Insofar as this contract issue may be viewed as a mixed question of fact and law, petitioner offers no legal authority nor reasoned argument in support of his unlikely premise.5 In any event, we agree with the Massachusetts Appeals Court's alternative holding that "even assuming the absence of a valid contract at the time of petitioner's transfer ... which we do not conclude, the petitioner['s] ... only remedy for an improper transfer was a return to state prison, which has already been effected." Dellelo, No. 91-P-524, slip op. at 4. This result is supported by state cases and analogous federal case law. See Blake v. Commissioner of Correction, 390 Mass. 537, 538, 457 N.E.2d 281 (1983) (prisoners improperly transferred to federal correctional facility were properly ordered returned to state facilities); Ladetto v. Commissioner of Correction, 373 Mass. 859, 369 N.E.2d 967 (1977) (a prisoner is not entitled to pardon of his state sentence nor release from prison following a procedurally defective transfer to a federal prison; the proper remedy is a return to state prison); see also Stevenson v. Thornburgh, 943 F.2d 1214, 1214 n.2 (10th Cir. 1991) (any alleged impropriety in execution of prisoner transfer agreement between state and federal authorities was rendered moot by the complete performance of all obligations on both sides).
There is no merit to petitioner's contention that the state lost jurisdiction when it transferred petitioner to a federal prison. The statutes under which petitioner was transferred expressly presuppose the continuing vitality of the state sentence. M.G.L. c. 127, § 97A (transferees are subject to the terms of their original sentences and to the provisions of law governing discharge); see also Howe v. Smith, 452 U.S. 473, 484 (1981) (purpose of 18 U.S.C. § 5003 authorizing transfer arrangements is to help states with insufficient correctional facilities by providing space in exchange for reimbursement by state for care of state's prisoners); Schertz v. Nix, 975 F.2d 1382, 1384 (8th Cir. 1992) (terms of state disciplinary confinement are not negated by prisoner's transfer to a federal prison under 18 U.S.C. § 5003(a)(1) and placement in general prison population while there). Petitioner's reliance on cases such as Shields v. Beto, 370 F.2d 1003 (5th Cir. 1967), and Thompson v. Bannan, 298 F.2d 611, 612 (6th Cir. 1962), cert. denied, 370 U.S. 957 is misplaced. The present case does not involve extradition, a waiver, nor any circumstance suggesting a relinquishment by the state of its authority to exact the sentence imposed by its courts. Cf., e.g., Venable v. Thornburgh, 766 F. Supp. 1012 (D. Kan. 1991) (because transfer to federal custody was lawful and authorized under 18 U.S.C. § 5003, reliance on extradition cases is misplaced); Joyner v. Henman, 755 F. Supp. 982 (D. Kan. 1991) (same);
We also see no merit to petitioner's remaining assignments of error. The district court did not abuse its discretion in denying petitioner's motion for discovery in light of the full state court record and the lack of any legal basis for petitioner's claim. And the district court did not err in dismissing petitioner's claim that he was denied due process or equal protection because he was not afforded a state administrative hearing prior to the prison transfer. Whatever the merit of that argument, petitioner did not assert it in his state court petitions, although he had every opportunity to do so. "The exhaustion requirement is not satisfied if petitioner presents new legal theories or new factual allegations in federal court that transform his case or cast it in a wholly different light." Carillo v. Brown, 807 F.2d 1094 (1st Cir. 1986) (citing Picard v. Connor, 404 U.S. 270, 275 (1971)).
Accordingly, we deny the petition for a certificate of probable cause to appeal the dismissal under 28 U.S.C. § 2254, and we affirm the judgment of district court dismissing the petition under 28 U.S.C. § 2241.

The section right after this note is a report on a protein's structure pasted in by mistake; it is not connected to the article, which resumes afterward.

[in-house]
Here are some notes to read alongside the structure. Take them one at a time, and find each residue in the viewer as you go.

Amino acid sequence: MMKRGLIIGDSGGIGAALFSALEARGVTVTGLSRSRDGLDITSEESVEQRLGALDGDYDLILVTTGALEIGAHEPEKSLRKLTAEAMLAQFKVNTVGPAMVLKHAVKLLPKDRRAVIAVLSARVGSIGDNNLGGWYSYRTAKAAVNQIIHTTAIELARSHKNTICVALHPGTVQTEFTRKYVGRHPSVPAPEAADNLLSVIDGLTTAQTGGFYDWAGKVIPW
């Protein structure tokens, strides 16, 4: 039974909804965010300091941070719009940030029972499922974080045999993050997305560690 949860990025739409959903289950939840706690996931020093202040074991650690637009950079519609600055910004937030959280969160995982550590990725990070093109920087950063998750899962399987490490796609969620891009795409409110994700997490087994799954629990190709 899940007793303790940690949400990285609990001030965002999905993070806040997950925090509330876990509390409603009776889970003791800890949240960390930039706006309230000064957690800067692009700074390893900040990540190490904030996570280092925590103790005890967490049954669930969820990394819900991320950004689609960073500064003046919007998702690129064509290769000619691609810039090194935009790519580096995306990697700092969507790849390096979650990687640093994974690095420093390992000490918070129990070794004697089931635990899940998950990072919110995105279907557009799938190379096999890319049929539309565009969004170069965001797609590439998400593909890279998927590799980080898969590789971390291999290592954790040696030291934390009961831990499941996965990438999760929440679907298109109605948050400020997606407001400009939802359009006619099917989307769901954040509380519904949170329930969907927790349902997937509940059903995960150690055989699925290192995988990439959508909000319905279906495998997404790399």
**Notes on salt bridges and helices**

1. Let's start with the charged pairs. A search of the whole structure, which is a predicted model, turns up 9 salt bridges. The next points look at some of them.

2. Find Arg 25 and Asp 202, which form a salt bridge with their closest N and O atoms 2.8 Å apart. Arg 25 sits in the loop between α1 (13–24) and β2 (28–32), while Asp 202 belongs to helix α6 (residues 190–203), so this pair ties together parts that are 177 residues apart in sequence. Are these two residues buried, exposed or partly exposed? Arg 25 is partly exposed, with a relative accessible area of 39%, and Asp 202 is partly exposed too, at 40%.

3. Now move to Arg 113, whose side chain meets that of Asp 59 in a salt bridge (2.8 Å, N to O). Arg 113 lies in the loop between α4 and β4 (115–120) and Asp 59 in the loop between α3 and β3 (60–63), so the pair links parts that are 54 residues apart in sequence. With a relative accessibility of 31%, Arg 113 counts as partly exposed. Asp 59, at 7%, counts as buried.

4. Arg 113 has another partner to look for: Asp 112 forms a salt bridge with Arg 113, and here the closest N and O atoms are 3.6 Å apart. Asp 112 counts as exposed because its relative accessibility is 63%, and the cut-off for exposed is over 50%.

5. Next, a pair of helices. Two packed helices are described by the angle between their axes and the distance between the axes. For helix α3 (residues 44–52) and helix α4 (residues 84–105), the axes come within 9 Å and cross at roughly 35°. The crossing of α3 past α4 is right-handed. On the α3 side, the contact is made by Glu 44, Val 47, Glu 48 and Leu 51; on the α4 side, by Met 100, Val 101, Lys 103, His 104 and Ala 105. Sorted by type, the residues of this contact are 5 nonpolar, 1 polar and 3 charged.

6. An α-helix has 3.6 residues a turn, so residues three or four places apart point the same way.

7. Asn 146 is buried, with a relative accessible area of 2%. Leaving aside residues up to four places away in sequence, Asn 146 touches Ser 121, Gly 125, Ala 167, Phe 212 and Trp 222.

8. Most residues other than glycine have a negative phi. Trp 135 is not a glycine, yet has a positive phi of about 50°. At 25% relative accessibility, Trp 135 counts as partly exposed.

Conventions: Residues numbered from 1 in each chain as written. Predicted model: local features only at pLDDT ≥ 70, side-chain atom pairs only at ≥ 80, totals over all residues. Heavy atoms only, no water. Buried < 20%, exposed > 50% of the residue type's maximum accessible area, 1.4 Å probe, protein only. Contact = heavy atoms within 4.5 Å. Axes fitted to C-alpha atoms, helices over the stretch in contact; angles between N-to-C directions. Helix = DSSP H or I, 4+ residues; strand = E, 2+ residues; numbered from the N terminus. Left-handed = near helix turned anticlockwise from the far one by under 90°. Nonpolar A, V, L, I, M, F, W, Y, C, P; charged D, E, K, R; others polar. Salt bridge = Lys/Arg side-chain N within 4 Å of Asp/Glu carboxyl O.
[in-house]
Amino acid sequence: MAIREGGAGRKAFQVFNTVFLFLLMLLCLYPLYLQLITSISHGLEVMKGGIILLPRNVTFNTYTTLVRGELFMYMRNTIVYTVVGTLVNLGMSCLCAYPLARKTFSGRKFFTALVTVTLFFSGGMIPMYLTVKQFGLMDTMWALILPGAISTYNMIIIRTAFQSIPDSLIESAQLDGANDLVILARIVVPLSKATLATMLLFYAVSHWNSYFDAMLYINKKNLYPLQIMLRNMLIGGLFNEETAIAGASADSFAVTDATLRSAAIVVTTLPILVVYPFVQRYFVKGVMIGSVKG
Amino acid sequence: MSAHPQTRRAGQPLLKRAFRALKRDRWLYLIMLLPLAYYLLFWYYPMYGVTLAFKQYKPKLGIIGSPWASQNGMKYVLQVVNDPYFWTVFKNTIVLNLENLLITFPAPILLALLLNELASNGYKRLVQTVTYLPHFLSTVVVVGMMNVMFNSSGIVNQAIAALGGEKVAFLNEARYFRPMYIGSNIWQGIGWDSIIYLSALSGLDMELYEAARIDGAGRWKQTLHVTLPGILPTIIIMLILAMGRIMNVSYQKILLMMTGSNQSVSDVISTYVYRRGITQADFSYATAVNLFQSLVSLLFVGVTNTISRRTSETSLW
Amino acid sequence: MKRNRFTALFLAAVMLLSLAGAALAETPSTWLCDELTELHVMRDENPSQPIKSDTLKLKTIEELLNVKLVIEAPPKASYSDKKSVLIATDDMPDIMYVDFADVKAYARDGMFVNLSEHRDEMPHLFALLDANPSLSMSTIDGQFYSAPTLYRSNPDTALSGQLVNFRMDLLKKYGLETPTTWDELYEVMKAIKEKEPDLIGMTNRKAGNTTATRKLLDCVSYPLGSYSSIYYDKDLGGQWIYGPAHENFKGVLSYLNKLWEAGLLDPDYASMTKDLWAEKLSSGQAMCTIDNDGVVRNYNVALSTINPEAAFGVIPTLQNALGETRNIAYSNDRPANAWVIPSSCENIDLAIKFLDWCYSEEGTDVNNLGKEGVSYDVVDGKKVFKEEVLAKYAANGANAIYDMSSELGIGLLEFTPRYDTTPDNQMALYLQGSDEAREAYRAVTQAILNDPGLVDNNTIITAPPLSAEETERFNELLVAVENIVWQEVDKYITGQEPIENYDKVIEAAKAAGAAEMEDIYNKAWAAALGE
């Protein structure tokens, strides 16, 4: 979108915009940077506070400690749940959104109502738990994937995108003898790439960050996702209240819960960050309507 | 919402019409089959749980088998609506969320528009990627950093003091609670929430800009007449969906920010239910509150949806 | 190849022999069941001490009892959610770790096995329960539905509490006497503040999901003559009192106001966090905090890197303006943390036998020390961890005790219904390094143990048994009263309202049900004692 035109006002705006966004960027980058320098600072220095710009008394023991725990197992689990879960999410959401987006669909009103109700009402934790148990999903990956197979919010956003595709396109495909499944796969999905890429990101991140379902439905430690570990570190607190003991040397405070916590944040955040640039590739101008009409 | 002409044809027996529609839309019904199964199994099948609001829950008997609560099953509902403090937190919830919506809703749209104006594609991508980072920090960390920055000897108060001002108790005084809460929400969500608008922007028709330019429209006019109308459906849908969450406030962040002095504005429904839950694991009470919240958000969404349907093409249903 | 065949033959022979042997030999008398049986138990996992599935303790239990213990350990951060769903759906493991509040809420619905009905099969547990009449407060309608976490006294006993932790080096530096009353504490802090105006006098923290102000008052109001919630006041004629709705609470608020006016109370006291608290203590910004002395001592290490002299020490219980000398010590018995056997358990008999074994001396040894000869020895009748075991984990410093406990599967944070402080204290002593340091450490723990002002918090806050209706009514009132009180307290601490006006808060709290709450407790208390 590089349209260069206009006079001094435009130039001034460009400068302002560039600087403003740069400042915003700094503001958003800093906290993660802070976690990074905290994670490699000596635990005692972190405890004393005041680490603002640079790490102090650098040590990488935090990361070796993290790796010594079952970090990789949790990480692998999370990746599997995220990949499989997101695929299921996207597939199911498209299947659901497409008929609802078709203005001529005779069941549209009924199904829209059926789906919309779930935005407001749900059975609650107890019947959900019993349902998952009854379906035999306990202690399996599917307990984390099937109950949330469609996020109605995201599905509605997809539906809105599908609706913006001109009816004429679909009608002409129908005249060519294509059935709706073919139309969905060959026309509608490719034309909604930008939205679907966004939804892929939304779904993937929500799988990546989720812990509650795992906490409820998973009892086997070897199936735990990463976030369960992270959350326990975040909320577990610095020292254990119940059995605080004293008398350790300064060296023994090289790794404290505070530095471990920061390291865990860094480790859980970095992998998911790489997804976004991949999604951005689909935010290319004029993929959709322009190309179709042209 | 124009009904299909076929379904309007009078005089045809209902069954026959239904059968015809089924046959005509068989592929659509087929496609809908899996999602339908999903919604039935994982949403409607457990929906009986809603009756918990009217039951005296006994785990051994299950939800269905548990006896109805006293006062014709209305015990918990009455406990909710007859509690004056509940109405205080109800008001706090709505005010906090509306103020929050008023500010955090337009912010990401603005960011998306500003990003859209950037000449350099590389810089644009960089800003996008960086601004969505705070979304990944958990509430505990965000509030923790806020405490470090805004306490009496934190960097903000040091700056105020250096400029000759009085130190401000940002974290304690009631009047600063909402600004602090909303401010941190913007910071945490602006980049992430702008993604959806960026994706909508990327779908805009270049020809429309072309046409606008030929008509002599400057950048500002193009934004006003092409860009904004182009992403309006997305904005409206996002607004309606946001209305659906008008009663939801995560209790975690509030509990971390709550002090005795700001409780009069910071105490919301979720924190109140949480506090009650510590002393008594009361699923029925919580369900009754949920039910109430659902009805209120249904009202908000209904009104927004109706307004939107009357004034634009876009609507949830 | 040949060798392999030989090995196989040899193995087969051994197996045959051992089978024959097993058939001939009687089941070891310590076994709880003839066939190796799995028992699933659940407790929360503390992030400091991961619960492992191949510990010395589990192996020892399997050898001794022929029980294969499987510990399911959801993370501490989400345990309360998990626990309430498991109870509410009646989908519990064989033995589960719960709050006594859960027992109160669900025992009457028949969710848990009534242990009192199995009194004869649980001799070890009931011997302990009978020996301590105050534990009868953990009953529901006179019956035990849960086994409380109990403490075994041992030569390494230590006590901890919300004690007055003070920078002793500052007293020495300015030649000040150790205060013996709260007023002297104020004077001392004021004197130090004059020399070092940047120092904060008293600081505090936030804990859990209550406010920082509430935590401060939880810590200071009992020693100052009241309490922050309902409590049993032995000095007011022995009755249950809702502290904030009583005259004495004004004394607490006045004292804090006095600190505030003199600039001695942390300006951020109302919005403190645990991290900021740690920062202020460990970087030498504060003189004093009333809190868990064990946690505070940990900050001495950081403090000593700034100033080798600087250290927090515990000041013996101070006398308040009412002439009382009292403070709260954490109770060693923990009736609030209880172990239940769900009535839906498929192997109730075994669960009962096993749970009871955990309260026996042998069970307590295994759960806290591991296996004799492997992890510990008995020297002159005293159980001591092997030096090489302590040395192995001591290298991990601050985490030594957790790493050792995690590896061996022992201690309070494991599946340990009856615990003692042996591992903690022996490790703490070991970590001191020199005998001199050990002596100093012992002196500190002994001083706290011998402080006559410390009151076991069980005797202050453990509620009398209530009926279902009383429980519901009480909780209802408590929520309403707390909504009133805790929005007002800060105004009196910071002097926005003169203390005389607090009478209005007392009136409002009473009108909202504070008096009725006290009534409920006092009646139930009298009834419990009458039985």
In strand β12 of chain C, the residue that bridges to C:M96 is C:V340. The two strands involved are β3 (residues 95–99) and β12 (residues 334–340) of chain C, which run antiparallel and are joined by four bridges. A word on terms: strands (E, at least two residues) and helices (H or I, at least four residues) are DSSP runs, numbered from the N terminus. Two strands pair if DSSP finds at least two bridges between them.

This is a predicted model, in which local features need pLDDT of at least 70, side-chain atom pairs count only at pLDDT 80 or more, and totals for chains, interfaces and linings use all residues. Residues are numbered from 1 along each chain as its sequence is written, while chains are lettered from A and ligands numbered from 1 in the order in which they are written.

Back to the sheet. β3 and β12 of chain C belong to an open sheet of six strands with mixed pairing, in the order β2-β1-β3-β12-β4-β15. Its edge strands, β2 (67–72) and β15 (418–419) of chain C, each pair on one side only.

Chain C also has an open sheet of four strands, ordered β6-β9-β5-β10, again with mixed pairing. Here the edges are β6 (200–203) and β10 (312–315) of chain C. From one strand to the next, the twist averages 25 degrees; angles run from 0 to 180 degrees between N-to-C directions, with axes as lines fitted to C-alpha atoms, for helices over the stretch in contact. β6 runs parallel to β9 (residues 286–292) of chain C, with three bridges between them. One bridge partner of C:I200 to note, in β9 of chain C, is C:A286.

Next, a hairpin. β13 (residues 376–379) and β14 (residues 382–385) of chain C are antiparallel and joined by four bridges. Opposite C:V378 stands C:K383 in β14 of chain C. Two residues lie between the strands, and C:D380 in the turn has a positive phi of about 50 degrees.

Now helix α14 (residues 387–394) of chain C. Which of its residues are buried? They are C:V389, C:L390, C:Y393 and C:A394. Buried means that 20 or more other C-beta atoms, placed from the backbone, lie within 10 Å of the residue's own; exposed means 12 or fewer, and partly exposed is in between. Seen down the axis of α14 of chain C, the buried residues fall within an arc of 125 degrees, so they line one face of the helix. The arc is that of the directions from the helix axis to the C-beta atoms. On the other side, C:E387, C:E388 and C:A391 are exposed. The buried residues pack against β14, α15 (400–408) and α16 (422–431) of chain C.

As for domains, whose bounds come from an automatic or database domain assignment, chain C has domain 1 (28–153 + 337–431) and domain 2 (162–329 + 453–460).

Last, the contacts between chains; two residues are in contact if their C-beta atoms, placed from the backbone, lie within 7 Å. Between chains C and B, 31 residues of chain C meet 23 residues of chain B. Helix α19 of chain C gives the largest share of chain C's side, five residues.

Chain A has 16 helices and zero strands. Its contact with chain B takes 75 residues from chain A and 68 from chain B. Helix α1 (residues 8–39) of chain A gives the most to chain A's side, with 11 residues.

Petitioner is in a state prison serving a state sentence, but he alleges that due to a procedurally defective transfer to federal prison in 1980, the state lost jurisdiction of his case, and he should be viewed as currently serving a federal sentence. See note 3 infra. His claim arguably falls within either or both § 2241 or § 2254. On petitioner's motion, the district court consolidated the petitions, a procedure which we think makes good sense, since the petitions assert identical facts and overlapping legal arguments
In addition to the crimes mentioned in the quoted text, petitioner has also been convicted in state court of unlawful escape on two occasions, and the following crimes committed during his escapes: unlawful carrying of a firearm; kidnapping; larceny from a person; and unlawful carrying of a firearm. Sentences for these crimes run "from and after" his life sentence. In federal court, petitioner was also convicted of use of a firearm during the bank robbery mentioned in the text
From this premise, petitioner further reasons as follows: the Commonwealth lost jurisdiction over petitioner when it transferred him (illegally) to federal prison; he thus began to serve his federal sentence at the time of the transfer; since a federal sentence cannot be served piecemeal, he continued to serve that sentence when he was returned to state prison and, having now served 12 of the 18 years on his federal sentence without a parole hearing, he is entitled to immediate release from the federal sentence. We need not reach each turn in petitioner's reasoning since we reject his starting premise
The district court's dismissal, styled as one for "failure to state a claim" was in accordance with Rule 8 of the Rules Governing § 2254 cases, which states that when an evidentiary hearing is not required, "the judge shall make such disposition of the petition as justice shall require." Under Rule 11 the district court has discretion to use the Federal Rules of Civil Procedure in appropriate cases. Under the latter rules the dismissal might also have been characterized as a summary judgment since the court had before it, in addition to the parties' pleadings, voluminous exhibits which constituted virtually the entire state court record. See Fed. R. Civ. P. 12(c), 56. Whatever the nomenclature, however, we are convinced that petitioner was afforded a reasonable and meaningful opportunity to present all pertinent evidence and the result, dismissal without an evidentiary hearing, was correct
Although petitioner appears pro se, he was represented by counsel in the state court. A perusal of counsel's state court memoranda and all the papers filed below also reveals no legal authority or other support for this unusual premise, and we know of none